A plan is underway to keep red lights to a minimum on major streets, such as Leslie St., Avenue Rd., Yonge St., Eglinton Ave. and Weston Rd.
Toronto is developing a plan to better synchronize traffic lights on some “priority corridors” over the next five years, a much-anticipated effort to ease gridlock and cut down on emissions.
Yet in a city where commute times are among the lengthiest in North America, some say a more comprehensive solution is long overdue.
“I respect that they [city staff] have done everything they can with the resources that they’ve got,” said Councillor Josh Matlow, who has for years advocated for more effective signal coordination. “The reality, though, is they don’t have anything near what they need to actually make this system work as well as it should.”
With clenched teeth and with one foot heavy on the brake, it can sometimes seem as though the string of red lights along major streets is conspiring to slow traffic to a stop-start crawl. But according to Myles Currie, a transportation services director who oversees the city’s traffic management centre, all of Toronto’s 2,200 traffic signals are capable of providing synchronization.
The problem is that over time this coordination can break down due to aging technology, new residential development and changes on particular roads, such as construction that reduces the number of lanes.
“There’s room for improvement. Particular routes have had a lot of changes that we need to take into account,” Currie said.
To address this, Currie said his team are in the midst of upgrading the technology that controls signals from telephone line communication to wireless, which is more reliable. This work, which costs $10,000 to $15,000 per intersection, is about two-thirds complete, he said.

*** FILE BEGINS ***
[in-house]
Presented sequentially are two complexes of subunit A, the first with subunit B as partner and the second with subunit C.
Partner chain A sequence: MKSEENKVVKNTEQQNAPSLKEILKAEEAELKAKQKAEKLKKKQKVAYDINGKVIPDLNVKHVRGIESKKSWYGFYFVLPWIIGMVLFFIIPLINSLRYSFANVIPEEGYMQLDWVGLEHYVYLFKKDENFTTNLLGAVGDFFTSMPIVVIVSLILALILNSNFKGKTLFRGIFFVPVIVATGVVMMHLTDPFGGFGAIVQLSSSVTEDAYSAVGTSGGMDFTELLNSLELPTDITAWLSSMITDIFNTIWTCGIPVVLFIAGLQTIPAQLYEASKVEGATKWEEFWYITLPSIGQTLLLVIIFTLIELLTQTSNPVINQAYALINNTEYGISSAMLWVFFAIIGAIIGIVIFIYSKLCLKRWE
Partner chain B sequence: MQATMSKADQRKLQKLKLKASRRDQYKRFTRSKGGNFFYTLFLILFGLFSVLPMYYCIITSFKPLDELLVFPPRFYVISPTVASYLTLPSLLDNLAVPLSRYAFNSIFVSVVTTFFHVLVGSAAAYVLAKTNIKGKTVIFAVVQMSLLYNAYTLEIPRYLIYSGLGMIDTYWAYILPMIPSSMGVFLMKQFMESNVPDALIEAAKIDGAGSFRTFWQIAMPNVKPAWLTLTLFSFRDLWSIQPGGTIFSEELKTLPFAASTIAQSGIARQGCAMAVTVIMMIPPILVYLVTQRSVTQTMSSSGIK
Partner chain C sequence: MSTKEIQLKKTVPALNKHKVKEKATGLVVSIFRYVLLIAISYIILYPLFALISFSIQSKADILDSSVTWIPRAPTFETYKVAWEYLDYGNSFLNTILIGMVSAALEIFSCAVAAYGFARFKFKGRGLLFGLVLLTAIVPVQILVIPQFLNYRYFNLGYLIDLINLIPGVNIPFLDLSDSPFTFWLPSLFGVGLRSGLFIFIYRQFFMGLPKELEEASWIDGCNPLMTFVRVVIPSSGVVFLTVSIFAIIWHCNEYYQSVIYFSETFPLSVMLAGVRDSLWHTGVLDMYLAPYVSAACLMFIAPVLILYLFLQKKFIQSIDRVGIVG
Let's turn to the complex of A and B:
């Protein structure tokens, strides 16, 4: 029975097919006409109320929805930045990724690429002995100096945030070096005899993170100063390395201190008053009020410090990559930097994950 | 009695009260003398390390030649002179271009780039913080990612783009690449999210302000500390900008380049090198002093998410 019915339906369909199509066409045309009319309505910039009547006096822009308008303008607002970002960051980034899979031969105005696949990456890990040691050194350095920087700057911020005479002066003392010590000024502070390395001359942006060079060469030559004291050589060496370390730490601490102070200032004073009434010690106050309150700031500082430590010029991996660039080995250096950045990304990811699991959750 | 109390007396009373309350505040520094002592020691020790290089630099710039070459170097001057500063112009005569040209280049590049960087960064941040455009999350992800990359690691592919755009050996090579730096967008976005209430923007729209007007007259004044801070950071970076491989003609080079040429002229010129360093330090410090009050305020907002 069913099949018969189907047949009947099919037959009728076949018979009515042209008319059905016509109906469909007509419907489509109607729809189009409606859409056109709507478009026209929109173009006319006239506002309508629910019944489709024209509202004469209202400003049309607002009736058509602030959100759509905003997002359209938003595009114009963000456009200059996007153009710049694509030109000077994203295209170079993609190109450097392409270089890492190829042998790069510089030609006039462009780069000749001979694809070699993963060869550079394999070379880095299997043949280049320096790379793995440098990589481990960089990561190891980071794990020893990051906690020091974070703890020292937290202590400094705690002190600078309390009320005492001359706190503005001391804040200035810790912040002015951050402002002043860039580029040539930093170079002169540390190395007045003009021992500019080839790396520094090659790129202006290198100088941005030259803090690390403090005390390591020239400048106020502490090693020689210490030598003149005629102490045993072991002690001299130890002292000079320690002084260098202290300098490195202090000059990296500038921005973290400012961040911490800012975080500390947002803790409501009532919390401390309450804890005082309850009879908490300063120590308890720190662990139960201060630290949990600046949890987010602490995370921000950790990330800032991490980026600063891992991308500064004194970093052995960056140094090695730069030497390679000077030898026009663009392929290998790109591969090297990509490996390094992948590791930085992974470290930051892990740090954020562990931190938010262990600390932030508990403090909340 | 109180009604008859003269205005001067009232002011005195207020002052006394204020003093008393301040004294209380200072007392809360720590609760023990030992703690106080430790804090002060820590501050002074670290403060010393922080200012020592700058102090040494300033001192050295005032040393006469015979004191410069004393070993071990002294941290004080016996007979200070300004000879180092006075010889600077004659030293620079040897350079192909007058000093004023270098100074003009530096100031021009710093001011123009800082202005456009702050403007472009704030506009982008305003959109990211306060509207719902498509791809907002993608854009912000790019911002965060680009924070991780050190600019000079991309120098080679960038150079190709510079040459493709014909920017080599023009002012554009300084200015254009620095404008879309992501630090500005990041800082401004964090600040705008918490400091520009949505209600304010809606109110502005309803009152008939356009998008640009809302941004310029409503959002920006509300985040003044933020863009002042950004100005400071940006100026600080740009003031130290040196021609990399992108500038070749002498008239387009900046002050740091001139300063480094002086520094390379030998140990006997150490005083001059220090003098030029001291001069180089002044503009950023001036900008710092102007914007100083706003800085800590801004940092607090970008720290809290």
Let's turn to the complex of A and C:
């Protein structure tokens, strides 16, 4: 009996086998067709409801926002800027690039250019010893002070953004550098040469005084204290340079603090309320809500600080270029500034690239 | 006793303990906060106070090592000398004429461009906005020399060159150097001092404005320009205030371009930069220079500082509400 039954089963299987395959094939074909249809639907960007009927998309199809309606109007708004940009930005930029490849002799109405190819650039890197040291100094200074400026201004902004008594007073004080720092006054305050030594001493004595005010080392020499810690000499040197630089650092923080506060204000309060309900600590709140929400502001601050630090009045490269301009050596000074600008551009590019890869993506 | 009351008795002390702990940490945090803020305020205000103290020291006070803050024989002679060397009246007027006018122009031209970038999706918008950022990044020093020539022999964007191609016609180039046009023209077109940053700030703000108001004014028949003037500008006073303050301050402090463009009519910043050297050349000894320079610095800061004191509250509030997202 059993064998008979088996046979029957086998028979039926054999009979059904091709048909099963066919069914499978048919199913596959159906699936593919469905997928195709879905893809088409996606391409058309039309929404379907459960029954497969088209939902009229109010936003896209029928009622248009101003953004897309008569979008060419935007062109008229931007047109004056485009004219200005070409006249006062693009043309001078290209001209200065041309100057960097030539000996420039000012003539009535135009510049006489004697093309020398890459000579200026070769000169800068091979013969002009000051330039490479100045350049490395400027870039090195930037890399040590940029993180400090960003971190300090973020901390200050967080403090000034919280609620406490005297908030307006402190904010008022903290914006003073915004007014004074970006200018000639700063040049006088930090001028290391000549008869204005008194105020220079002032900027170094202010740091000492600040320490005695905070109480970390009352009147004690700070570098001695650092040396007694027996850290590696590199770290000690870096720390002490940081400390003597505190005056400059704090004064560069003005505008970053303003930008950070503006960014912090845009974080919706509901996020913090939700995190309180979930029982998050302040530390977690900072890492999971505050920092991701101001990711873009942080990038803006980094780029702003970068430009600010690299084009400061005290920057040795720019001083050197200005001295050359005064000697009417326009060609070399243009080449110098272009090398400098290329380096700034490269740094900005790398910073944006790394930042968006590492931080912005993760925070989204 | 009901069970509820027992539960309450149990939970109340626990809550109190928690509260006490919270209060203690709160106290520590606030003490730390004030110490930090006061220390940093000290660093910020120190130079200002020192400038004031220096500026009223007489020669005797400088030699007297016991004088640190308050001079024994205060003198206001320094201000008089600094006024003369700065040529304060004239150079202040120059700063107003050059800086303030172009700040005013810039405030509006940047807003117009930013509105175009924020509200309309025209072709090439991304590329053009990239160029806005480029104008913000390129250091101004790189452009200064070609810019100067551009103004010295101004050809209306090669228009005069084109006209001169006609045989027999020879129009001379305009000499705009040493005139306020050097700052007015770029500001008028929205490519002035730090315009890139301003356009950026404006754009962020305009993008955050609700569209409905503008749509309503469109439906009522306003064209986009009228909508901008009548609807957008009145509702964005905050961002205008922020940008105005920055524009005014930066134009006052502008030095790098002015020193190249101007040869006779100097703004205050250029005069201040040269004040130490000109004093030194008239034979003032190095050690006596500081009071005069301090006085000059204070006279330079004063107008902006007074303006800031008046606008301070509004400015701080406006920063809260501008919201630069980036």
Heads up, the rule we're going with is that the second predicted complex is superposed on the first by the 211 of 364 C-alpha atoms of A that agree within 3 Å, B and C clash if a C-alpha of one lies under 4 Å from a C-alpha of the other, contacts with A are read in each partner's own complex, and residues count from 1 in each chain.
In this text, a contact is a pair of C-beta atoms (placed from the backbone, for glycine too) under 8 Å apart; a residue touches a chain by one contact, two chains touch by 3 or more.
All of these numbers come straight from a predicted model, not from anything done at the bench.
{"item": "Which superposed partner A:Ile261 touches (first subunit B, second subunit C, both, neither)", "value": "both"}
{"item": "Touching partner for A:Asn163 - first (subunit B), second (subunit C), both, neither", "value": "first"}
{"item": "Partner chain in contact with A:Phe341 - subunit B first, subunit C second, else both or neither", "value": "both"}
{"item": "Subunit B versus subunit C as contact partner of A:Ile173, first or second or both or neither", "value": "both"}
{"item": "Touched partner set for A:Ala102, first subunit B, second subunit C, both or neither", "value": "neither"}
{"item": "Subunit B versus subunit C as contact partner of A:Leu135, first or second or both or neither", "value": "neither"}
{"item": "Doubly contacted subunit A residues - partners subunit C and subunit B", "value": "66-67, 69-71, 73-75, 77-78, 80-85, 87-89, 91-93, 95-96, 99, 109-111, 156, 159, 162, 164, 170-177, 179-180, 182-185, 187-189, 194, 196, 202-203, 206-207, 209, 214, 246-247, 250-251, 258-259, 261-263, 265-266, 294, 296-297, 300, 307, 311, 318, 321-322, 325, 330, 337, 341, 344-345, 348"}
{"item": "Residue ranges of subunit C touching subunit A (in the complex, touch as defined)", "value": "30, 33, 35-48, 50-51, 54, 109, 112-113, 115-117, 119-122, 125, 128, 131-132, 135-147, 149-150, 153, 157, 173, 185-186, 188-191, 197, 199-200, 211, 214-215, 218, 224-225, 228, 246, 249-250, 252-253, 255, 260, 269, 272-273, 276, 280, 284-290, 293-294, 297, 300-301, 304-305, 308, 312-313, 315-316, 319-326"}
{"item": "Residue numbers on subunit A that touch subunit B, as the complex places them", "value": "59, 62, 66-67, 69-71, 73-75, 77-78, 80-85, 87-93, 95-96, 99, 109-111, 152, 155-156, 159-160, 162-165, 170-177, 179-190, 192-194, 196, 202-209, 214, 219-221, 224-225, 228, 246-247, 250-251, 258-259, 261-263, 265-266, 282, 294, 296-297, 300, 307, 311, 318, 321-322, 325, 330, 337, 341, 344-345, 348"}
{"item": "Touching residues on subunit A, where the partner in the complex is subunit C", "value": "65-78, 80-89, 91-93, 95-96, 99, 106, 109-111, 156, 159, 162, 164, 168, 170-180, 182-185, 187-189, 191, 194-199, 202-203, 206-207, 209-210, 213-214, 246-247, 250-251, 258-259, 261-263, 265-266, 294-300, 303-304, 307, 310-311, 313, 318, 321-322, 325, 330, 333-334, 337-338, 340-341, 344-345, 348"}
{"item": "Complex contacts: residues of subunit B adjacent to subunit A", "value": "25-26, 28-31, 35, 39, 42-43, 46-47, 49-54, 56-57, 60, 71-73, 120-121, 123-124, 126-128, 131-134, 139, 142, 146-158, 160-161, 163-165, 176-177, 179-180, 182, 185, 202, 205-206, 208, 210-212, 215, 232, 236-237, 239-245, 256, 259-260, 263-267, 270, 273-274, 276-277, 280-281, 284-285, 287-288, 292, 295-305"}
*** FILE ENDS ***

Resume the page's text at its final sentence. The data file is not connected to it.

Meanwhile, the traffic management centre has been reviewing the coordination of signals on individual streets. Each review, which takes into account the speed and flow of traffic, time of day, pedestrians and turning lanes, requires six weeks up to several months per road to complete.
Not including the cost of upgrades, last year the city spent about $450,000 reviewing and resetting signal coordination at 114 intersections along Kennedy Rd., Bloor St., Richmond St. and Adelaide St.
Over the next five years, it will do the same along other “priority corridors” such as Leslie St., Eglinton Ave., Weston Rd., Avenue Rd. and Yonge St.
Although the specific roads and timeline have yet to be determined, Currie estimated the project will involve about 900 intersections and cost a at least $3.6 million, excluding technology upgrades.
“Gradually, you will see improvement throughout the city as we review our priority corridors,” he said.
Change cannot come soon enough for Toronto resident Ian Chamandy, who said he is “eternally frustrated” by red lights.
Chamandy said he began casually “testing” signal coordination on major routes about 15 years ago, accelerating to the speed limit at every intersection. Almost without fail, the next light would turn red.
“You’ve got these thoroughfares that are important rush hour arteries … and it’s just stop, stop, stop,” he said. “In Toronto, there’s actually an incentive to speed if there’s no traffic, because it’s the only way to get green lights.”
Matlow had so many complaints from residents in his midtown district that he requested a staff report “on the possible implementation of synchronized traffic signals” in September 2011.
Currie expects to report back to the committee this spring — about a year and half after council approved Matlow’s request.
Matlow said he hopes council will devote the resources required to expand the work already underway.
“The city needs to work together,” he said. “It doesn’t mean necessarily everywhere, every light, but there needs to be a smooth transition; otherwise it’s not going to work.”